The kids have Swedish and Belgian citizenship. We could go down to the American consulate and get American citizenship for them any time, but I keep putting off the decision and I am not sure I want to do it at all. Sentimentally I would like the kids to have American citizenship, but there is really only one practical pro to it:

* American citizenship would allow them to live, work, or study in America more easily, if they choose, when they get older.

The cons:

* They would be immediately enmeshed in the U.S. tax bureaucracy, which would require them to file U.S. tax returns for life even if they never set foot in the U.S. This, as I know from experience, is a huge bother, even when you don’t owe anything.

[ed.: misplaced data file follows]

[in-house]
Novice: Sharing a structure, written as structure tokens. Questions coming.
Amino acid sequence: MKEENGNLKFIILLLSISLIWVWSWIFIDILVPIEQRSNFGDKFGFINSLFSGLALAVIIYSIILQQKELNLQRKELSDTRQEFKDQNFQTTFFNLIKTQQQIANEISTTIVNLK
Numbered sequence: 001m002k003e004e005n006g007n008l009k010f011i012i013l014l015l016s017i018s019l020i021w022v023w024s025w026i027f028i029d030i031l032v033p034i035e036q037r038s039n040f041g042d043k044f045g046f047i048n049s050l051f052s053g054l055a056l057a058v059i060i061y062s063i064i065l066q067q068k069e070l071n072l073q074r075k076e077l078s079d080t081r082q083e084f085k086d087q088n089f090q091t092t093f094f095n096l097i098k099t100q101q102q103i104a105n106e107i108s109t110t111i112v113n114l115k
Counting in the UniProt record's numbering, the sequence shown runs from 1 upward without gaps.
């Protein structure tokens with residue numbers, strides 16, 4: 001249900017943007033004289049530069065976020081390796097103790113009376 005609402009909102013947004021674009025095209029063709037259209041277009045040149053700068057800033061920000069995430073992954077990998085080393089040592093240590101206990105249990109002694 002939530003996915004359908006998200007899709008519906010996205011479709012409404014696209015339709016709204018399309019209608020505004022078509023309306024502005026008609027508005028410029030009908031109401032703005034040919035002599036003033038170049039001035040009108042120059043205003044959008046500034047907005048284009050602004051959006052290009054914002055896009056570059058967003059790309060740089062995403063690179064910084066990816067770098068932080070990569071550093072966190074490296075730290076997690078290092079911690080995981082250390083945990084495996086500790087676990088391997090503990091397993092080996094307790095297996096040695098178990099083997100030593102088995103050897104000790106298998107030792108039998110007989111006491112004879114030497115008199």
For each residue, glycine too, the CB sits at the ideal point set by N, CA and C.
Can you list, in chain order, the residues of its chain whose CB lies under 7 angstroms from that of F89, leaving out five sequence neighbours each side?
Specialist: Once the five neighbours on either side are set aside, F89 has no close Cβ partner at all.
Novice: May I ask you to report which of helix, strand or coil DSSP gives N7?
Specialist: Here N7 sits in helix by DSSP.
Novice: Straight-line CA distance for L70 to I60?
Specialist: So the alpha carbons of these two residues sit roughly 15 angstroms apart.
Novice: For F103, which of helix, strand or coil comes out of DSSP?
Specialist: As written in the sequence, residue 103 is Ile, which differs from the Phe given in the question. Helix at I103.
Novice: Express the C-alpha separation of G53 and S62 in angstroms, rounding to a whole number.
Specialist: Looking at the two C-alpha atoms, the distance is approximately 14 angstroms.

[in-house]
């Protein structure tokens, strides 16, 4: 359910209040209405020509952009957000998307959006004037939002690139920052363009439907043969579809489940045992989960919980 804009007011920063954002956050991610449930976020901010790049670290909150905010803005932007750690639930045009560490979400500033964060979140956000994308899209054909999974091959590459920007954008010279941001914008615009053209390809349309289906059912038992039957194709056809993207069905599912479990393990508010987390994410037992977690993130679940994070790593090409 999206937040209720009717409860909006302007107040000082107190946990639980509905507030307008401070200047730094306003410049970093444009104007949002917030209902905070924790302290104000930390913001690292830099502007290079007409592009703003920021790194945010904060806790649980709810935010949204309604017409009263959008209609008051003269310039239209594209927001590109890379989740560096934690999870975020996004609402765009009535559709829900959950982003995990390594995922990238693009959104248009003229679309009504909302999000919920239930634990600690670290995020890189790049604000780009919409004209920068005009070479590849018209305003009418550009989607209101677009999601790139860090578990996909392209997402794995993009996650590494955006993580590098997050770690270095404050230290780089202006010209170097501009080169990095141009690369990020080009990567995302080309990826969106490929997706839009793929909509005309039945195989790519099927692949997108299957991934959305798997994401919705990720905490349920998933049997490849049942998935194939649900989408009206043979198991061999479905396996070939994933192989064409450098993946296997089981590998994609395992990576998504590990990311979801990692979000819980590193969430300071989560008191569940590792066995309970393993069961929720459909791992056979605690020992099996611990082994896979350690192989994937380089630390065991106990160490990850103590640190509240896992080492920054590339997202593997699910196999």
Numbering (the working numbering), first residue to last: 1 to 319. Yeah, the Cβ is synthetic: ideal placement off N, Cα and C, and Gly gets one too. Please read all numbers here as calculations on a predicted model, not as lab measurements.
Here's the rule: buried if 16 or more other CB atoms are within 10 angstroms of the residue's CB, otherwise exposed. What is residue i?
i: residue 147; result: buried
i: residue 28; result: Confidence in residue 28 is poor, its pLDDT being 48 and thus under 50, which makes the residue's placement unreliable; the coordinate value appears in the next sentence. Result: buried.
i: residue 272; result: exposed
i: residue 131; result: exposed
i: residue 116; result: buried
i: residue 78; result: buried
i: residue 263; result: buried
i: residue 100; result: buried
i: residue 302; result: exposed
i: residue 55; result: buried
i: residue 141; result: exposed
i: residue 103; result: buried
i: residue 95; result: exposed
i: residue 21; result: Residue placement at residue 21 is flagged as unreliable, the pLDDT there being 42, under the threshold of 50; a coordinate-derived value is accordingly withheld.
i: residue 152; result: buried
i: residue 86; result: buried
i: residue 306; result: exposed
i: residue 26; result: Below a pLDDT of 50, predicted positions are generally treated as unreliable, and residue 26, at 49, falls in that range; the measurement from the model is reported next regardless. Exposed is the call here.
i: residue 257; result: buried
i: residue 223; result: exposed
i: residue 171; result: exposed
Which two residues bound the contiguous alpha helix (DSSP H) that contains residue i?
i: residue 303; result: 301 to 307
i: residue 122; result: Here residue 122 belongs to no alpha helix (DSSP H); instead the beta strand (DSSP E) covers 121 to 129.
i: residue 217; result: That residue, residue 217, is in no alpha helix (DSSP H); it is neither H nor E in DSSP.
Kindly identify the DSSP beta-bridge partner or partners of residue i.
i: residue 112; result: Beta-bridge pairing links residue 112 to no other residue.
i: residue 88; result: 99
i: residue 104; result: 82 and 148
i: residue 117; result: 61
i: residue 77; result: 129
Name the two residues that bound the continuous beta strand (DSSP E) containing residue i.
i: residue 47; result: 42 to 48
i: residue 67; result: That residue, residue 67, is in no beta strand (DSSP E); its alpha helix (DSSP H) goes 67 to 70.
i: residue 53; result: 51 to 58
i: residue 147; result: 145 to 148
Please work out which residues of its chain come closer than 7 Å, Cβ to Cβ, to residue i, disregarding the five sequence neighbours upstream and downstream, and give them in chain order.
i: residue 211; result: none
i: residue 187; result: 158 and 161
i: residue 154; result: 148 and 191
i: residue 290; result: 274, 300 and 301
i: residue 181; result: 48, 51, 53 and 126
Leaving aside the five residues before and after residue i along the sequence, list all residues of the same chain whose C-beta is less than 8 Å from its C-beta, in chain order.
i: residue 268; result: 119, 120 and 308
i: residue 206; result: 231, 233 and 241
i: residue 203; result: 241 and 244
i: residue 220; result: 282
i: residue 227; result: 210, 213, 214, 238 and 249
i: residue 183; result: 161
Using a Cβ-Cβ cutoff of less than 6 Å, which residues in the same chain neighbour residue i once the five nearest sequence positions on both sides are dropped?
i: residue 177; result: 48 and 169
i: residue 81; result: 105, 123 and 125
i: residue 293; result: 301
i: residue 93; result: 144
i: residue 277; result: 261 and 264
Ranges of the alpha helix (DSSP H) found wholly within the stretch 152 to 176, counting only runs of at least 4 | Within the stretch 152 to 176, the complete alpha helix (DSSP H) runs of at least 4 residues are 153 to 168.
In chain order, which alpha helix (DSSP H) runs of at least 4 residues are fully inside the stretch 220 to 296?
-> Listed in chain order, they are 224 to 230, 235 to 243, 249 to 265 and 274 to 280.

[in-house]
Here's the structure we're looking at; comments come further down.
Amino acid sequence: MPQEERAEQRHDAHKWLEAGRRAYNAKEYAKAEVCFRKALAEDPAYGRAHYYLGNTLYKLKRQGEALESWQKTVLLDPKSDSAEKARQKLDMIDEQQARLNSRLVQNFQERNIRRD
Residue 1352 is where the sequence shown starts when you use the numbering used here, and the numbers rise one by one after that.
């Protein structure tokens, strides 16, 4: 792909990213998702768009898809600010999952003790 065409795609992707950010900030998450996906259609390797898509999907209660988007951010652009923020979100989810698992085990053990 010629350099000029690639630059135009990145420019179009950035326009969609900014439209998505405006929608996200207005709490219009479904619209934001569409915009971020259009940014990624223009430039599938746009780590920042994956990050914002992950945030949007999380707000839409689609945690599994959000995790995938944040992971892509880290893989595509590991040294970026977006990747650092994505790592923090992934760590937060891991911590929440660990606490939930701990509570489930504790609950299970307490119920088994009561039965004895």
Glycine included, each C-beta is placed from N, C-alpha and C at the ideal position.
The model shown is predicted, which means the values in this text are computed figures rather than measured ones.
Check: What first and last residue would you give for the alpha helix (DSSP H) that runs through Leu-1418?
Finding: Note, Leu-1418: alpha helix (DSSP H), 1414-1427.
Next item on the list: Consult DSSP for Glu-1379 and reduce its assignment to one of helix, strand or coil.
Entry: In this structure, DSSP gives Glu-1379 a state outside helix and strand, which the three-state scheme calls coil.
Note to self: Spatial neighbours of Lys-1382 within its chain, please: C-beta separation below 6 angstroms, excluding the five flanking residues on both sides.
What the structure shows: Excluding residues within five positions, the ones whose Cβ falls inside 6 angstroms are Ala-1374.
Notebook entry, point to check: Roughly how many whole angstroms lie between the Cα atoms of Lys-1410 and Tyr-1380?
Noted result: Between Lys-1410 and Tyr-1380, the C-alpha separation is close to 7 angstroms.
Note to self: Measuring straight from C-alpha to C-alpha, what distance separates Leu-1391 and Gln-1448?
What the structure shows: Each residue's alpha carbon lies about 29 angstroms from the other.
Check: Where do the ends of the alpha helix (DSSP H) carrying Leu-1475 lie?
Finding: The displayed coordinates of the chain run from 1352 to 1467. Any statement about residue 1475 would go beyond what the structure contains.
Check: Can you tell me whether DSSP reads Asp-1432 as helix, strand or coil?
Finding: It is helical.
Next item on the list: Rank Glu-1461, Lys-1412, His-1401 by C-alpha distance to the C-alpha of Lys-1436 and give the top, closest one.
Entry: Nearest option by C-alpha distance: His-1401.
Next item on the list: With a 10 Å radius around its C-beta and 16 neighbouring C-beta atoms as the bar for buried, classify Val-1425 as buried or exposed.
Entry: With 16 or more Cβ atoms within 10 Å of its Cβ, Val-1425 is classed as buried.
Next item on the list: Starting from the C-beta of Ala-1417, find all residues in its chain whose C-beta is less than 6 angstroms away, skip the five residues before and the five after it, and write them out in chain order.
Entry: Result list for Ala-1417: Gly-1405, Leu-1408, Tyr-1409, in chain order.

* Sometimes they would owe U.S. tax, though, for example for capital gains, unearned income, and in some countries self-employment income.
* My son would have to register for the draft.
* The decision, once made, is difficult to back out of: renouncing one’s U.S. citizenship costs $2300 and a lot of paperwork.
* They can easily travel to the US for family visits as Belgian/Swedish citizens.
* There are lots of good universities in Europe. And if they really wanted to study in the U.S., it’s not too hard to do as a European.

What do you think I should do? The clock is ticking, and I find it hard to choose between the evil of not being able to be American if they choose, and the evil of unjust, lifelong pursuit by the IRS.

Yours sincerely,
A loyal Slashdotter.

Here are two good relevant links:
https://americansabroad.org/is...
http://www.nytimes.com/2014/12...